The latest generation of interactive cardiac magnetic resonance (MR) scanners has made cardiac interventions with real-time MRI possible. To date, cardiac MRI has been mostly applied to measure myocardial perfusion, viability, and regional function, but now the application of cardiac MRI can be extended to cardiovascular interventions. The purpose of this article is to illustrate the potential of MRI in stem cell therapy for cardiac restoration.We have applied MRI to (1) interactively target myocardial injections with a novel stem cell delivery catheter, and to compare gadolinium/blue dye injections to pathology; (2) assess myocardial perfusion with MR first pass imaging in an infarct model treated with stem cell therapy versus control animals; (3) measure regional functional changes using myocardial tissue tagging in the same animals.We were able to demonstrate the feasibility and safety of myocardial injections under MR fluoroscopy. The intramyocardial distribution of the blue dye at necropsy correlated well with the extent of gadolinium, as detected with a three-dimensional inversion recovery MR pulse sequence for late enhancement immediately after contrast injection. Preliminary results show that myocardial perfusion reserve and regional wall motion improved in the stem-cell-treated group, compared to a control group.These preliminary results suggest that (1) injections into the LV myocardium can be performed under real-time MRI guidance using a directed catheter approach, and (2) regional myocardial perfusion and function, measured with MRI, both improve after stem cell therapy. This ongoing study demonstrates the potential of MRI for image-guided interventions, combined with detailed evaluation of anatomy, function, perfusion, and viability.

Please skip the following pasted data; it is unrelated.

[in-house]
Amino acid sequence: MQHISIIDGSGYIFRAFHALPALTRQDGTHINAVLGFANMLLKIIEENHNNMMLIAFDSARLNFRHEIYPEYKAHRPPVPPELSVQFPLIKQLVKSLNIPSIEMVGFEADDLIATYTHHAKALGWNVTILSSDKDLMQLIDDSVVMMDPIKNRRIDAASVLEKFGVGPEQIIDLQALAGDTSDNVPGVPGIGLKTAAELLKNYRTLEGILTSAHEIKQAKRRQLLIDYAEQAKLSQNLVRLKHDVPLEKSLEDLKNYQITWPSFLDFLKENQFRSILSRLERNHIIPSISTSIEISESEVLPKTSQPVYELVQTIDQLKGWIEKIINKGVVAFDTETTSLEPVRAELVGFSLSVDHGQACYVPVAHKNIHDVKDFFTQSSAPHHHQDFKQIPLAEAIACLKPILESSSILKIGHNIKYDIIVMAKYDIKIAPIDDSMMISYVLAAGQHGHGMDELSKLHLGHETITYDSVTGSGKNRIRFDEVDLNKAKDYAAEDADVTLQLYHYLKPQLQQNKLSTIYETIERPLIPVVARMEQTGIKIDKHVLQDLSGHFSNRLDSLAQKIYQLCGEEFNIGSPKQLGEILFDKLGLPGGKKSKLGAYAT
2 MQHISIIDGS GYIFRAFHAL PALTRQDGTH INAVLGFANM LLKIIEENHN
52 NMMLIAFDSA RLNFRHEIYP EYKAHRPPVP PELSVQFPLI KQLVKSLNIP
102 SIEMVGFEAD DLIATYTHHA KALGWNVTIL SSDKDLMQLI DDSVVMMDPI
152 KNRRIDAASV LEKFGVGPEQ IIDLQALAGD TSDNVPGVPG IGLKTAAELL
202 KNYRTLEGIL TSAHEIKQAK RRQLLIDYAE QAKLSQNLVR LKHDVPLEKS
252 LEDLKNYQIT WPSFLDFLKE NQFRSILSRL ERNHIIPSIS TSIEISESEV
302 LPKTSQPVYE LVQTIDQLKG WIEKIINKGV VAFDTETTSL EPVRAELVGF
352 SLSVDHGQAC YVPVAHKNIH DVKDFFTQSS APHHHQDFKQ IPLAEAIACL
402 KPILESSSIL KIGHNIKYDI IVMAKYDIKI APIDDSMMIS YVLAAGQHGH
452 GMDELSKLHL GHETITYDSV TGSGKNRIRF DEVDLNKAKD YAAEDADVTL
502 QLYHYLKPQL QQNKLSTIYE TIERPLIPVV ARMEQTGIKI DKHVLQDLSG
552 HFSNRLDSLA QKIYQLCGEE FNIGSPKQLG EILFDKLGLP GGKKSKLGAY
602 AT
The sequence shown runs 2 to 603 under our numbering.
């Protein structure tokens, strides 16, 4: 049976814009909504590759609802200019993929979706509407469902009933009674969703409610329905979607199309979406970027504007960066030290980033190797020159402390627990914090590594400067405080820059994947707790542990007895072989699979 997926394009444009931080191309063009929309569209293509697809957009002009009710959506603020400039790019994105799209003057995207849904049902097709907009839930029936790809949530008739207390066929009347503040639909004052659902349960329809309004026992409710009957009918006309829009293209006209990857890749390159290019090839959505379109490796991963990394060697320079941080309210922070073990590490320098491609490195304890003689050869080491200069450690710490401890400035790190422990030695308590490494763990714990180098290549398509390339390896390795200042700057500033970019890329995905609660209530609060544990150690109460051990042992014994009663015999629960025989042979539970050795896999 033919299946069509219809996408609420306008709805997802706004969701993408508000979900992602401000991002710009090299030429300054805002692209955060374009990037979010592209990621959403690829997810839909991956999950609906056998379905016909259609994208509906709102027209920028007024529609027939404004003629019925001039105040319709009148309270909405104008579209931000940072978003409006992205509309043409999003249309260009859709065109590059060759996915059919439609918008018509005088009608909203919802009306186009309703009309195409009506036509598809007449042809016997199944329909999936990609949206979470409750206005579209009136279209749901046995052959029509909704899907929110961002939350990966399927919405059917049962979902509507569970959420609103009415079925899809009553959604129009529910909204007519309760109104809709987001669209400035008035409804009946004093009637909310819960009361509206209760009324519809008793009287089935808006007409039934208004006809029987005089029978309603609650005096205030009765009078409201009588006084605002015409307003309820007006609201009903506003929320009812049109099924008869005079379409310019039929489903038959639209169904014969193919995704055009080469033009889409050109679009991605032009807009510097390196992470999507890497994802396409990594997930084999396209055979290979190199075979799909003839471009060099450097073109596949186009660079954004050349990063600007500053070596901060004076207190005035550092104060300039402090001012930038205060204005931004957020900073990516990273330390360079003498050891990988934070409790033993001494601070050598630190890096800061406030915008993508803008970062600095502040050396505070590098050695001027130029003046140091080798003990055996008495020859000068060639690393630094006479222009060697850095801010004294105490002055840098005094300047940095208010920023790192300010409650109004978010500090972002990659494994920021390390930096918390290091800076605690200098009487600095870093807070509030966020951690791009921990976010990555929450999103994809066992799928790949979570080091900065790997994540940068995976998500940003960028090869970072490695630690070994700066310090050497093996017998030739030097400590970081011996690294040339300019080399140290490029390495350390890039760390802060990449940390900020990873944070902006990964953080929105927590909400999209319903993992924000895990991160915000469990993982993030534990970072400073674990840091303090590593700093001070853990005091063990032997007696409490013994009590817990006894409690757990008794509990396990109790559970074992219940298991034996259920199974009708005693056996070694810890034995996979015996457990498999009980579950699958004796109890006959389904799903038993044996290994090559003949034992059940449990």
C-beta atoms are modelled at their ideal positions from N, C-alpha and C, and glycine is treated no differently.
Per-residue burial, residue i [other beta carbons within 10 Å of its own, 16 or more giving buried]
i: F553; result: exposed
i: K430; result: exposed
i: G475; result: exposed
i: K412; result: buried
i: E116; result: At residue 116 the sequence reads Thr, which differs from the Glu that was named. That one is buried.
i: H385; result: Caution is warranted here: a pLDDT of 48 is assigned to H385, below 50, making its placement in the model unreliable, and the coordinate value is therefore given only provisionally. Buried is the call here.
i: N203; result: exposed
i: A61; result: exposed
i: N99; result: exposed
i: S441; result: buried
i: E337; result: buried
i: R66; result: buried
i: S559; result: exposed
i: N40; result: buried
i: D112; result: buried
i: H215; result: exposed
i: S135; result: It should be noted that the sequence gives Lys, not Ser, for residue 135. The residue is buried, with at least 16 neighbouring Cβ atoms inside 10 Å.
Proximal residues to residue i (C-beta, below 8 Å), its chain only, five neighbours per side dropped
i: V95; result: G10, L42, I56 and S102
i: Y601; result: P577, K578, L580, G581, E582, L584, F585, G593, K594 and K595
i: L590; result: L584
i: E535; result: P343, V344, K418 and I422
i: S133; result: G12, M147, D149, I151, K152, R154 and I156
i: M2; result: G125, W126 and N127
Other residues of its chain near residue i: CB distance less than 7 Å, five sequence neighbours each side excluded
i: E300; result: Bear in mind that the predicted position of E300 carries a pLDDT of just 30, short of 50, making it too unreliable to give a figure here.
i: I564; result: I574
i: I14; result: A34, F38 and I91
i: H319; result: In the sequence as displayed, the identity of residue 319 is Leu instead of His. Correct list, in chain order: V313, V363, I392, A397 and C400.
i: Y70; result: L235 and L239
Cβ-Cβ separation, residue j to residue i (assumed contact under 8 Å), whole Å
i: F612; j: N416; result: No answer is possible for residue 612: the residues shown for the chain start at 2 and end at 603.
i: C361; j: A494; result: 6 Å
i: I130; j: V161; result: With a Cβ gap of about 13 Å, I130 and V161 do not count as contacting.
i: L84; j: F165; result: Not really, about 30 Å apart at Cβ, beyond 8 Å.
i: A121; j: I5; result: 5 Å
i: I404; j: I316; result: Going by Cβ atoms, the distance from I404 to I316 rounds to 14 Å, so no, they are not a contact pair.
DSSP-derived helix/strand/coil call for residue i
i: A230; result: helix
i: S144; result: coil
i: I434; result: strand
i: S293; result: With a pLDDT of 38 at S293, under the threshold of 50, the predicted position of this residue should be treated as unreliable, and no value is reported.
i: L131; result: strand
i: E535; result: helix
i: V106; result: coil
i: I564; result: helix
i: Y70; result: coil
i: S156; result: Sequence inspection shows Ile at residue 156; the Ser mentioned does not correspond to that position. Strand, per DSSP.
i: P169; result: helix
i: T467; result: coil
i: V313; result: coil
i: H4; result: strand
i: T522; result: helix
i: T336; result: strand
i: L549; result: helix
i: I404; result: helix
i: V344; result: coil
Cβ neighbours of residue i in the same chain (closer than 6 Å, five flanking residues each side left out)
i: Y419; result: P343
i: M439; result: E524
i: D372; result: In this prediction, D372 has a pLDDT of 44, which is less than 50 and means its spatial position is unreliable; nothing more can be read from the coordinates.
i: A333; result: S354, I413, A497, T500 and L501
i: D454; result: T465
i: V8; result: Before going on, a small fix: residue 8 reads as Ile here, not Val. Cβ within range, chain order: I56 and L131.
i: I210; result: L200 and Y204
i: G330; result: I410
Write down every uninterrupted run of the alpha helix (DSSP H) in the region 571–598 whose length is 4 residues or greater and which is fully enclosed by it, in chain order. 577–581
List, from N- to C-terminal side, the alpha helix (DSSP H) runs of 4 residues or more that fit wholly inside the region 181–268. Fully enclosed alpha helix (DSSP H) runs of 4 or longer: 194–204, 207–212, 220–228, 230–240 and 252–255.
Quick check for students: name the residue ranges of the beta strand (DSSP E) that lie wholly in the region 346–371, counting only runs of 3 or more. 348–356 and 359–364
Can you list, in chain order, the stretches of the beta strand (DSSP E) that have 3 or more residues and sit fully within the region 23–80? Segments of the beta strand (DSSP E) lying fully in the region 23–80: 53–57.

View details for PubMedID 15009770